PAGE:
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Schizophr Bull. 2019 Jan 1;45(1):222-232. doi: 10.1093/schbul/sby010.

Shared Genetic Risk of Schizophrenia and Gray Matter Reduction in 6p22.1.

Author information

1
The Mind Research Network, Albuquerque, NM.
2
Department of Electrical Engineering, University of New Mexico, Albuquerque, NM.
3
Department of Neurosciences and Psychiatry, University of New Mexico School of Medicine, Albuquerque, NM.
4
Department of Psychiatry, University of New Mexico School of Medicine, Albuquerque, NM.
5
Olin Neuropsychiatry Research Center, Institute of Living, Hartford, CT.
6
Department of Psychiatry, Yale University, New Haven, CT.
7
Department of Neuroscience, Yale University, New Haven, CT.
8
Department of Psychiatry and Human Behavior, School of Medicine, University of California, Irvine, CA.
9
MGH/MIT/HMS Athinoula A. Martinos Center for Biomedical Imaging, Charlestown, MA.
10
Division of Psychological and Social Medicine and Developmental Neurosciences, Faculty of Medicine, TU Dresden, Germany.
11
Department of Psychiatry, University of Iowa Carver College of Medicine, Iowa City, IA.
12
Department of Psychiatry, University of Minnesota, Minneapolis, MN.
13
Minneapolis Veterans Administration Health Care System, Minneapolis, MN.
14
Department of Psychiatry and Behavioral Sciences, Northwestern University, Chicago, IL.
15
Department of Radiology, Northwestern University, Chicago, IL.
16
Department of Psychology, University of New Mexico, Albuquerque, NM.
17
Department of Psychology, University of Georgia, Athens, GA.
18
Department of Psychiatry, Harvard Medical School and Beth Israel Deaconess Medical Center, Boston, MA.
19
Department of Psychiatry and Behavioral Neuroscience, University of Chicago, Chicago, IL.
20
Department of Psychiatry and Behavioral Neuroscience, University of Cincinnati, Cincinnati, OH.
21
Department of Psychiatry, UT Southwestern Medical School, Dallas, TX.
22
Norwegian Centre for Mental Disorders Research (NORMENT), KG Jebsen Centre for Psychosis Research, Division of Mental Health and Addiction, Institute of Clinical Medicine, University of Oslo, Norway.
23
Department of Psychiatric Research, Diakonhjemmet Hospital, Oslo, Norway.
24
Department of Psychology, University of Oslo, Oslo, Norway.
25
National Laboratory of Pattern Recognition, CAS Center for Excellence in Brain Science and Intelligence Technology, Institute of Automation, Chinese Academy of Sciences, Beijing, China.
26
Psychology Department and Neuroscience Institute, Georgia State University, Atlanta, GA.

Abstract

Genetic factors are known to influence both risk for schizophrenia (SZ) and variation in brain structure. A pressing question is whether the genetic underpinnings of brain phenotype and the disorder overlap. Using multivariate analytic methods and focusing on 1,402 common single-nucleotide polymorphisms (SNPs) mapped from the Psychiatric Genomics Consortium (PGC) 108 regions, in 777 discovery samples, we identified 39 SNPs to be significantly associated with SZ-discriminating gray matter volume (GMV) reduction in inferior parietal and superior temporal regions. The findings were replicated in 609 independent samples. These 39 SNPs in chr6:28308034-28684183 (6p22.1), the most significant SZ-risk region reported by PGC, showed regulatory effects on both DNA methylation and gene expression of postmortem brain tissue and saliva. Furthermore, the regulated methylation site and gene showed significantly different levels of methylation and expression in the prefrontal cortex between cases and controls. In addition, for one regulated methylation site we observed a significant in vivo methylation-GMV association in saliva, suggesting a potential SNP-methylation-GMV pathway. Notably, the risk alleles inferred for GMV reduction from in vivo imaging are all consistent with the risk alleles for SZ inferred from postmortem data. Collectively, we provide evidence for shared genetic risk of SZ and regional GMV reduction in 6p22.1 and demonstrate potential molecular mechanisms that may drive the observed in vivo associations. This study motivates dissecting SZ-risk variants to better understand their associations with focal brain phenotypes and the complex pathophysiology of the illness.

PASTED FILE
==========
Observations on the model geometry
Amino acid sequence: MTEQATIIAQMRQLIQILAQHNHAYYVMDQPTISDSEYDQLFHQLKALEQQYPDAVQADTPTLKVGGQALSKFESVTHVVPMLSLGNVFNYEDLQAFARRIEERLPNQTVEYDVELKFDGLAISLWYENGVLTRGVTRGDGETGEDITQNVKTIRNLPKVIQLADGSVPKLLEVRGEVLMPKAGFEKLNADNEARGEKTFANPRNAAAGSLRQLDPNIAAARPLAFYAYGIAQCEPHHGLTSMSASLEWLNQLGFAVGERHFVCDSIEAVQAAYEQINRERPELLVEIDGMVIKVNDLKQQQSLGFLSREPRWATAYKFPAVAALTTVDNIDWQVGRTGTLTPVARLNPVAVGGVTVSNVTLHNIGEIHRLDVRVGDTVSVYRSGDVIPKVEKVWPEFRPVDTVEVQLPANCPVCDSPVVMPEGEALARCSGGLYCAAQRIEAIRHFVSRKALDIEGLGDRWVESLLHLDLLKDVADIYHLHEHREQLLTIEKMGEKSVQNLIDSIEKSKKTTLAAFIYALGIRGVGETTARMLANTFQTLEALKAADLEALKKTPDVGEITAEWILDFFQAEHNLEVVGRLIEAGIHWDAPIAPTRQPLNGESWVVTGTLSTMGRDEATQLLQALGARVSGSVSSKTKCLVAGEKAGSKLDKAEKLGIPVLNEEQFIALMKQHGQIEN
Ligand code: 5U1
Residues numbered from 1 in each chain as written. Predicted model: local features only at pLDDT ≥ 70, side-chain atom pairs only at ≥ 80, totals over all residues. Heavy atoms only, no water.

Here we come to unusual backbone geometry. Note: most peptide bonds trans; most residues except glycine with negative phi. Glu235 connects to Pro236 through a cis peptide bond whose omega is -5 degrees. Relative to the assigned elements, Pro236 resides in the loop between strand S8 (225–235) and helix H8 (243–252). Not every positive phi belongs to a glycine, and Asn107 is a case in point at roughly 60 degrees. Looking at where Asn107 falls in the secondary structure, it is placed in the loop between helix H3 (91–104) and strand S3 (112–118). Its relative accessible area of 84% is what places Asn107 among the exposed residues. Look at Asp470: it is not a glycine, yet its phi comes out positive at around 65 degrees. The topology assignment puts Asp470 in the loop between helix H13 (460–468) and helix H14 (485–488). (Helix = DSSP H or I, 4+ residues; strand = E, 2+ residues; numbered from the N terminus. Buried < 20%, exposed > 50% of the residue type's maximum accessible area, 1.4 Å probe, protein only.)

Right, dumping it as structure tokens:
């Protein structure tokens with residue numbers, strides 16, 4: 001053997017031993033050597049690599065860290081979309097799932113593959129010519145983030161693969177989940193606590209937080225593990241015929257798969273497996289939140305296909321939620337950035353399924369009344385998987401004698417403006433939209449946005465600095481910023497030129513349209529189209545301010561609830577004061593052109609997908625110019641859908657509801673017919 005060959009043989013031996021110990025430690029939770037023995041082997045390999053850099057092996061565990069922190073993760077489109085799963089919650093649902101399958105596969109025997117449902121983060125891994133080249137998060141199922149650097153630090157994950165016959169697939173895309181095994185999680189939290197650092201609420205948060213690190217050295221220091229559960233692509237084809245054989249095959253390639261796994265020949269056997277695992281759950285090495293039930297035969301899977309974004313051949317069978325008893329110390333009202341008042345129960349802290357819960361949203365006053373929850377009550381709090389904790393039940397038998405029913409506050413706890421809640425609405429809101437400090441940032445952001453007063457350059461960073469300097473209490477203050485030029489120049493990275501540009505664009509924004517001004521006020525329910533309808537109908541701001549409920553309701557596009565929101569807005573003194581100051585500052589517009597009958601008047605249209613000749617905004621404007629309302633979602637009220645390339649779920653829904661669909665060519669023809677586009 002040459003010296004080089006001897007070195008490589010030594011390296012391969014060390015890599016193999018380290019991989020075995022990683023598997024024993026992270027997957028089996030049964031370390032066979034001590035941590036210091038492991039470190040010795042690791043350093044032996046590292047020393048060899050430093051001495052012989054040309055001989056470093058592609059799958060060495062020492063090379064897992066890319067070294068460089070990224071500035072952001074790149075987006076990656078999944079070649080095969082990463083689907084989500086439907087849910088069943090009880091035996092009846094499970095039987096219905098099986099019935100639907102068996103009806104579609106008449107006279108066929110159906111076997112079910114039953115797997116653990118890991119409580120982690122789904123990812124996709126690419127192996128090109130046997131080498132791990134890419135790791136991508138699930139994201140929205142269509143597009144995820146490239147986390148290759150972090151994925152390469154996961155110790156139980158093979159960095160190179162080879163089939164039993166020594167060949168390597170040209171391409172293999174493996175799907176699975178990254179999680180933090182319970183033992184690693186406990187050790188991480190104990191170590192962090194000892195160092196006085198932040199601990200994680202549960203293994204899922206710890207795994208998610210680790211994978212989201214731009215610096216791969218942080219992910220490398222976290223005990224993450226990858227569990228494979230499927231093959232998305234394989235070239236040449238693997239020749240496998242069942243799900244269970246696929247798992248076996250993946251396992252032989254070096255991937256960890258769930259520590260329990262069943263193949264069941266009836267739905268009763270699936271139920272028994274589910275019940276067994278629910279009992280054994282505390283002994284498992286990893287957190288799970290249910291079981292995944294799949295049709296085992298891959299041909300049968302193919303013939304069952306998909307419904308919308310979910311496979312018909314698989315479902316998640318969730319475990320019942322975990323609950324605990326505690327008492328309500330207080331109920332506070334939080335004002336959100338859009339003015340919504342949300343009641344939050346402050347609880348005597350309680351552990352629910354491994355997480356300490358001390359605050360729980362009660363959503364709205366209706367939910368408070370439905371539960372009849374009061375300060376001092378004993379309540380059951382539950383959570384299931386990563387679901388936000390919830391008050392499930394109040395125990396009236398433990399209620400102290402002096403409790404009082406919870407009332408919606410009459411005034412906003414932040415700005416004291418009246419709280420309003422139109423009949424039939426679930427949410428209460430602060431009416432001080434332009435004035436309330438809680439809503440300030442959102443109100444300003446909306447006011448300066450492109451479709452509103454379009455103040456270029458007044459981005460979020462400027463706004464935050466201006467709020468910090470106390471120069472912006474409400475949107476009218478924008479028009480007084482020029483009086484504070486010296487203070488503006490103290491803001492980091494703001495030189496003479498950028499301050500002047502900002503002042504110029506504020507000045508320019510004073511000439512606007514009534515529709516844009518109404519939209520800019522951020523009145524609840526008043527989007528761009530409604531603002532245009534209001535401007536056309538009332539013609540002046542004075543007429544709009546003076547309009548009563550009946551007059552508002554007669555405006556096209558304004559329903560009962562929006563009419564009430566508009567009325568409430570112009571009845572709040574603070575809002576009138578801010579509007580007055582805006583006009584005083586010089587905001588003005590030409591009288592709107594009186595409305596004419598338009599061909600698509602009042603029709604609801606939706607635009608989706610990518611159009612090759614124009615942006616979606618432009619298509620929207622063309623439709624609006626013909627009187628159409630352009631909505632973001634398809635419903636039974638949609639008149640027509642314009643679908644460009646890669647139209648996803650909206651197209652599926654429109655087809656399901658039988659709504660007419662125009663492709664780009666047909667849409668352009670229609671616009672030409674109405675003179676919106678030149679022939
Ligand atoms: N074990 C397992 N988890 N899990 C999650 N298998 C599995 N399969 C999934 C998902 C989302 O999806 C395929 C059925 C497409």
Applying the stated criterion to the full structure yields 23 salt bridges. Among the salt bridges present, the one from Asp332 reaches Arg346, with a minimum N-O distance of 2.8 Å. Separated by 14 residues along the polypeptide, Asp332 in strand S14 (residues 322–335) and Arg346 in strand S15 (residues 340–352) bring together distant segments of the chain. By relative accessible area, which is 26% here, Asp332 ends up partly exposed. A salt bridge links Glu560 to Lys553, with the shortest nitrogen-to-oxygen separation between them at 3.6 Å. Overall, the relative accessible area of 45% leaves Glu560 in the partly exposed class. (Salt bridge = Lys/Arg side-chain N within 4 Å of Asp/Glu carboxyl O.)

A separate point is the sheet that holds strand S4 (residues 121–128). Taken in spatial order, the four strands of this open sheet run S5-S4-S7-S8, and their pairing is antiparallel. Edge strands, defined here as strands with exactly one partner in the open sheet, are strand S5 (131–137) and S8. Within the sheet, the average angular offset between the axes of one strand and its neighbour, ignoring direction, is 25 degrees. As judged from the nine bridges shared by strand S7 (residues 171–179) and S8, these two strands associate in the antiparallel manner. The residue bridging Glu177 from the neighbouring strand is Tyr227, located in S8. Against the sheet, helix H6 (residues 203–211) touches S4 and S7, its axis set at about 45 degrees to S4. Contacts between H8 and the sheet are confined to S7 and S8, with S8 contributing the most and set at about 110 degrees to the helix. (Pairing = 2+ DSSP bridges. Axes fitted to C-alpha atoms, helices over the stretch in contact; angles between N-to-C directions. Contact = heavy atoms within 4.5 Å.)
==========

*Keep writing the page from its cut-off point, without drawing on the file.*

PMID:
29474680
DOI:
10.1093/schbul/sby010

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